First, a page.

For student athletes transferring from a junior college, juggling the desire to continue playing their sport, finding a college with the education they want and working within eligibility requirements can create scarce options.
Tanner Newbold, a 23-year-old junior and member of the men’s basketball team, attended two junior colleges—Central College and Salt Lake Community College (SLCC)—before transferring to Westminster College
Norman Parrish, the head coach of Westminster’s men’s basketball team, recruited Newbold after his junior college basketball career.
“Tanner is an important member of our team,” Parrish said. “He is well respected and is a very good teammate. He can always be counted on to give maximum effort. He is a big time shooter and a pleasure to coach. He accepts his role and understands how important he is.”
After returning home from a mission with The Church of Jesus Christ of Latter-day Saints in Kentucky, Newbold started on the SLCC basketball team, which won the college basketball national championship in Kansas against Hutchison Community College.
“I knew I was going to play college ball,” Newbold said. “But I never really thought it would be a possibility to win a national championship. Obviously, that’s the dream.”
After achieving what seemed to be his biggest dream, his career at SLCC ended last year along with his eligibility to play at a junior college. The Forum sat down with Newbold to talk about the continuation of his college athletics career and what Westminster provided him that other schools didn’t.
Q: Why did you choose Westminster?
A: The way the chips fell were the opportunities came to me that I took. And when it comes to scholarships and getting your education paid for, that’s such a top priority. Especially with such an elite place like Westminster. I was sold because the education was amazing and I knew the people here were going to be very invested in who I am because it is such a small school. I knew my coach very well and there’s a lot of guys on the team who I have really good relationships with who are also LDS. So all around it just felt really good to be here.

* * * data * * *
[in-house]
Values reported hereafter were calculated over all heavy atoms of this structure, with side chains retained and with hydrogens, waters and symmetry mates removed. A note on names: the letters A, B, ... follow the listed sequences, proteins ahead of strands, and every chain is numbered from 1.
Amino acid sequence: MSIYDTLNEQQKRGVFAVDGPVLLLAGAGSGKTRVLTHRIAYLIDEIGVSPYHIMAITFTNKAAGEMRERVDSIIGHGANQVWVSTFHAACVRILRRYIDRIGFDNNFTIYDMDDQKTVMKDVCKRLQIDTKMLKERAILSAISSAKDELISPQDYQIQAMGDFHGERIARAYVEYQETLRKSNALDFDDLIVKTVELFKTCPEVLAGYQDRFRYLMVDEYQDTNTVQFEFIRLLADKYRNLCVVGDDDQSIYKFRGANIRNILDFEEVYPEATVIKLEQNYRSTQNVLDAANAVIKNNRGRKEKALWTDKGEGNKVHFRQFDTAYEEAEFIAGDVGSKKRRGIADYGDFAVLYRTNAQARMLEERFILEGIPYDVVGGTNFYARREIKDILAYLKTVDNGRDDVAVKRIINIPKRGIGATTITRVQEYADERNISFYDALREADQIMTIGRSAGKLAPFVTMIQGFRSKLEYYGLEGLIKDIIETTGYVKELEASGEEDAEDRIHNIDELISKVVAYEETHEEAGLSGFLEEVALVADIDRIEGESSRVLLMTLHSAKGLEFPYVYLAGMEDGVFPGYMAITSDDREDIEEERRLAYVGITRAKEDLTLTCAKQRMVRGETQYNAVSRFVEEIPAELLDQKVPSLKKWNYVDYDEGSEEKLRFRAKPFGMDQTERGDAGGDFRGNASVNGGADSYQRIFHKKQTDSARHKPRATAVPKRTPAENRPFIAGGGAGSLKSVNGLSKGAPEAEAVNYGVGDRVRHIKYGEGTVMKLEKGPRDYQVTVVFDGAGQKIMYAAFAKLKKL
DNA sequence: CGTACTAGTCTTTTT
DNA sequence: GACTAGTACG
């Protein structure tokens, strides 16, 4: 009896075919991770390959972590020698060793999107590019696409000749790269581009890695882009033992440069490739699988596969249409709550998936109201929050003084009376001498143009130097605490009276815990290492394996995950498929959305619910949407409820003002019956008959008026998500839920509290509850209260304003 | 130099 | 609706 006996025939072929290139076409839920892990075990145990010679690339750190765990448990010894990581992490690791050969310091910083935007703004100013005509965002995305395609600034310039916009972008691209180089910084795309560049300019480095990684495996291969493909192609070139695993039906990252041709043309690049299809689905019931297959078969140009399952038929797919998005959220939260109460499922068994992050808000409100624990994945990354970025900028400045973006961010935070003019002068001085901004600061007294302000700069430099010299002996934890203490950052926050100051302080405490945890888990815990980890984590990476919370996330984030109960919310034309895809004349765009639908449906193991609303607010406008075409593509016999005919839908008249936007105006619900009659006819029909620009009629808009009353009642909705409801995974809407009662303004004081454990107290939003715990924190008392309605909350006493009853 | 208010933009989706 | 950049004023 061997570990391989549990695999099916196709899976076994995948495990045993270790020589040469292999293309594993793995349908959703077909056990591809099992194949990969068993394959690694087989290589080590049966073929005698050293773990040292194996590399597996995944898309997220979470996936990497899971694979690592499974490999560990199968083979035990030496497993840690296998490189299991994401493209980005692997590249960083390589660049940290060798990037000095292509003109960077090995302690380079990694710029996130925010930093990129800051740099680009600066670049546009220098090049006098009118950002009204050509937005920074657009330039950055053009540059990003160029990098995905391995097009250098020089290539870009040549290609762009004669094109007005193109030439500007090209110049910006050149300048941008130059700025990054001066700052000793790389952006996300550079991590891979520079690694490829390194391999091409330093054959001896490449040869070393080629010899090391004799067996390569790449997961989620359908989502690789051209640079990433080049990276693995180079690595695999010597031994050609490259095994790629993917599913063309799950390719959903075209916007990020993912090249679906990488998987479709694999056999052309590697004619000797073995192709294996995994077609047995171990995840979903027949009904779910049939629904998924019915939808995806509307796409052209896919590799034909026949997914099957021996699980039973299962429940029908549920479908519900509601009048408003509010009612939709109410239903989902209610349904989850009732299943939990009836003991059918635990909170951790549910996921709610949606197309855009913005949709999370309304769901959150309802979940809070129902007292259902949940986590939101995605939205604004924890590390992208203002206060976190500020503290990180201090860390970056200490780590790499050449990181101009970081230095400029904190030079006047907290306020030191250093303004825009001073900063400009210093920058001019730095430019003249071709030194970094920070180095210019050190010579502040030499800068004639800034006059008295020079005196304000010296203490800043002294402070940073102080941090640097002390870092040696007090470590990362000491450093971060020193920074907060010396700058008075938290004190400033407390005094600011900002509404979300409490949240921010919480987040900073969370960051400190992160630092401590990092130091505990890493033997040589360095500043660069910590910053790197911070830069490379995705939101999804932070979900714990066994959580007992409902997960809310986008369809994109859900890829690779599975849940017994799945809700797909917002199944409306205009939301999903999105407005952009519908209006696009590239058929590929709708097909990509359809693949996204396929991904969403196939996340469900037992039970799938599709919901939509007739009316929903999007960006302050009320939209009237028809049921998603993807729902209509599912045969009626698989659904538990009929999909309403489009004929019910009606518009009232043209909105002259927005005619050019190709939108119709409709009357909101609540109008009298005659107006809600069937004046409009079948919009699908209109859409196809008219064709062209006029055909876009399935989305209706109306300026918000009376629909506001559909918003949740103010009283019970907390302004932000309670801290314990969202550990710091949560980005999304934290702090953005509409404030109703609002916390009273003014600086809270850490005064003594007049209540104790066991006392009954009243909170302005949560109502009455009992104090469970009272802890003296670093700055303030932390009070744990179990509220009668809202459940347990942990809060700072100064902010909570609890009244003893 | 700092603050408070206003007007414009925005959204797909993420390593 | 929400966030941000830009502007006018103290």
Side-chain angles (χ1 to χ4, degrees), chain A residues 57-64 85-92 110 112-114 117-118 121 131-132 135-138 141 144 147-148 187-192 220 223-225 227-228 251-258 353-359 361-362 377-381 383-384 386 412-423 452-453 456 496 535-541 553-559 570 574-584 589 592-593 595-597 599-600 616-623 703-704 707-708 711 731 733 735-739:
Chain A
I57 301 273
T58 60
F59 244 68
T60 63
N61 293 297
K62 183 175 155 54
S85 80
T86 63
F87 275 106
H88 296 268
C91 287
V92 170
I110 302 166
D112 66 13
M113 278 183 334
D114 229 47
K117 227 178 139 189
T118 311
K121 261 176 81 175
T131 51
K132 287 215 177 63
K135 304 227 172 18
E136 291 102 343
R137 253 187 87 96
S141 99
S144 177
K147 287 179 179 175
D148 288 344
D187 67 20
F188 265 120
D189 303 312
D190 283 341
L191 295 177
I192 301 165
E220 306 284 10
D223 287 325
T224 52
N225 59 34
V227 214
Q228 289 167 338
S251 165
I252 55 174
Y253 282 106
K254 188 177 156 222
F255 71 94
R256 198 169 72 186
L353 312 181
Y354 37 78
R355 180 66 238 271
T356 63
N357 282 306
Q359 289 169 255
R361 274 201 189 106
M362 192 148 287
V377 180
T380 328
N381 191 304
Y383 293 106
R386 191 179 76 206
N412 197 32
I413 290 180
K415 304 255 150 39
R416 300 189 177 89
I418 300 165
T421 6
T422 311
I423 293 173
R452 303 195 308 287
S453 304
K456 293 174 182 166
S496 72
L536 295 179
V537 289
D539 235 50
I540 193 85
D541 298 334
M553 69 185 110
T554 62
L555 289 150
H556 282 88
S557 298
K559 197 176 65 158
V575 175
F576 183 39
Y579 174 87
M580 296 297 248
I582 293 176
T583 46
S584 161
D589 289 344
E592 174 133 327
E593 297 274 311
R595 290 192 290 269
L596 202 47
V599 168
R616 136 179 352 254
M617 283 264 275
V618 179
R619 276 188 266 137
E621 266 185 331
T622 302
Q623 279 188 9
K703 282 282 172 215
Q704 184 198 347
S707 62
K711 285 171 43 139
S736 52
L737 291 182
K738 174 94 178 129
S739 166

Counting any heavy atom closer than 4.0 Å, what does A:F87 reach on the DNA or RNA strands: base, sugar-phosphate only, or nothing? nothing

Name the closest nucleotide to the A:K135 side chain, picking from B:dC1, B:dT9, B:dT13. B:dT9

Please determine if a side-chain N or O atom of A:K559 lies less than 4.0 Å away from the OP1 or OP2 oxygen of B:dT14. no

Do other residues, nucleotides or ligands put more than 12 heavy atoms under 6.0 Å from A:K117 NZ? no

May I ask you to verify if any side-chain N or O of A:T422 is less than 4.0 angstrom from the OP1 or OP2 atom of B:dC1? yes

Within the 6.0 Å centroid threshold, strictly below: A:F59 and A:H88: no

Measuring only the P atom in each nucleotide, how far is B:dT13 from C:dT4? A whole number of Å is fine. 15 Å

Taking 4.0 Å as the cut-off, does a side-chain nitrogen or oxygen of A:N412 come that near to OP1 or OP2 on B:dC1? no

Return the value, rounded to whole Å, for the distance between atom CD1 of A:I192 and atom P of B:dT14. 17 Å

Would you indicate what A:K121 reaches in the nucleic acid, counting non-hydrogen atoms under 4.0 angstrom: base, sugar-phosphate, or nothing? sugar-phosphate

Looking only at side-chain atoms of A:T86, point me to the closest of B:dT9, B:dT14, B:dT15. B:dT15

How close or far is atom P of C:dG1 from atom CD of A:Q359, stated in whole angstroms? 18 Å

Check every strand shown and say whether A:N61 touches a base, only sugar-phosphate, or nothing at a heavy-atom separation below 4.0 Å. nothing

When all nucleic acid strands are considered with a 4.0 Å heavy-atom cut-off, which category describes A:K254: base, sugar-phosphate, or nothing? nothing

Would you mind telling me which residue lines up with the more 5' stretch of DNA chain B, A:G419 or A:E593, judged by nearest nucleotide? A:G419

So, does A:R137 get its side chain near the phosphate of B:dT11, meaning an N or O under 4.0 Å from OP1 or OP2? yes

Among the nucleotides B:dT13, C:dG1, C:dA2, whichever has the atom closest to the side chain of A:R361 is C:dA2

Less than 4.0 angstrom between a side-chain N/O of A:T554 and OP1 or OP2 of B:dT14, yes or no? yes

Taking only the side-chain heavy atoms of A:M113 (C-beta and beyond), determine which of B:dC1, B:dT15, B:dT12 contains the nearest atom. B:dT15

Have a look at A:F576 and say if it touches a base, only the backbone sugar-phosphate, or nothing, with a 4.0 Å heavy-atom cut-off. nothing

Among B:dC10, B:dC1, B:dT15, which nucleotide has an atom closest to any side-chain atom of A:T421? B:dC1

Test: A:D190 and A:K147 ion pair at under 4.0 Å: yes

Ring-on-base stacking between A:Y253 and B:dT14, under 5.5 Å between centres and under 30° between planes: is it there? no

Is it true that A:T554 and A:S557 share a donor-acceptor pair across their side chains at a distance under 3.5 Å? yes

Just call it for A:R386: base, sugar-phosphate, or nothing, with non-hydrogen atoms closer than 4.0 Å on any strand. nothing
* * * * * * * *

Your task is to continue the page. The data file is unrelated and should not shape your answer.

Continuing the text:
Q: How would you explain your experience on Westminster’s basketball team?
A: One thing that I’ve been grateful for throughout all of my playing days in college is that I’ve always been on teams with just a bunch of great guys. I know not every team is like that. I’ve just been super impressed with the quality of teammates on the team here in the fact that they would do anything for me and they really do care about me as a person and teammate. My coaches do, as well. They are invested in us. They want us to do well and they let us know that. Our head coach, Coach Parrish, works his butt off and does everything he can to make sure we’re successful. But obviously not only in sports but in life in general. It helps us understand as a team that basketball is important, but it is also not the most important thing in life and there’s bigger things we can learn through the sport.
Q: You’re LDS. Why did you choose Westminster over a religious school like Brigham Young University?
A: Growing up in here in Utah, the first time I ever really had an outside-of-Utah experience was when I was in Wyoming. Even then, there is a pretty decent LDS population. That was a starter for me to help me realize that the entire world is not like it is here in Utah. I think Westminster has kind of capped on that. Westminster has really helped me gain an understanding of who people are from such a diverse amount of backgrounds in place that you can’t really find that anywhere else in Utah. It’s cool because you get a lot of perspectives that you don’t hear a ton. Obviously with the LDS culture that I’m involved in, I spend a lot of time around people who are of the same faith and grew up in the same kind of relative circumstances. Being here gives you a lot of different insights and angles on different things and makes it really interesting.
Q: What do you hope to take away from your experience on the basketball team and at Westminster overall?
A: I feel like I’ve always been a goal-oriented person. I have dreams and I have things I want to accomplish in my life. I know what I want when it comes to what I value, what I cherish [and] what I care about. Westminster has been a huge help already and I hope to continue to get more out of Westminster to help me reach those goals, whether they be just as a person or regarding a career. Obviously my athletics probably won’t extend past Westminster—kind of a bummer—but I know that Westminster is going to give me so much that’s going to prepare me for my future. I don’t want to just get that paper, that degree, and just move on and find a job. I want to take what I have learned from here and build from here and use that as a propeller to get what I need. Westminster has definitely done that for me.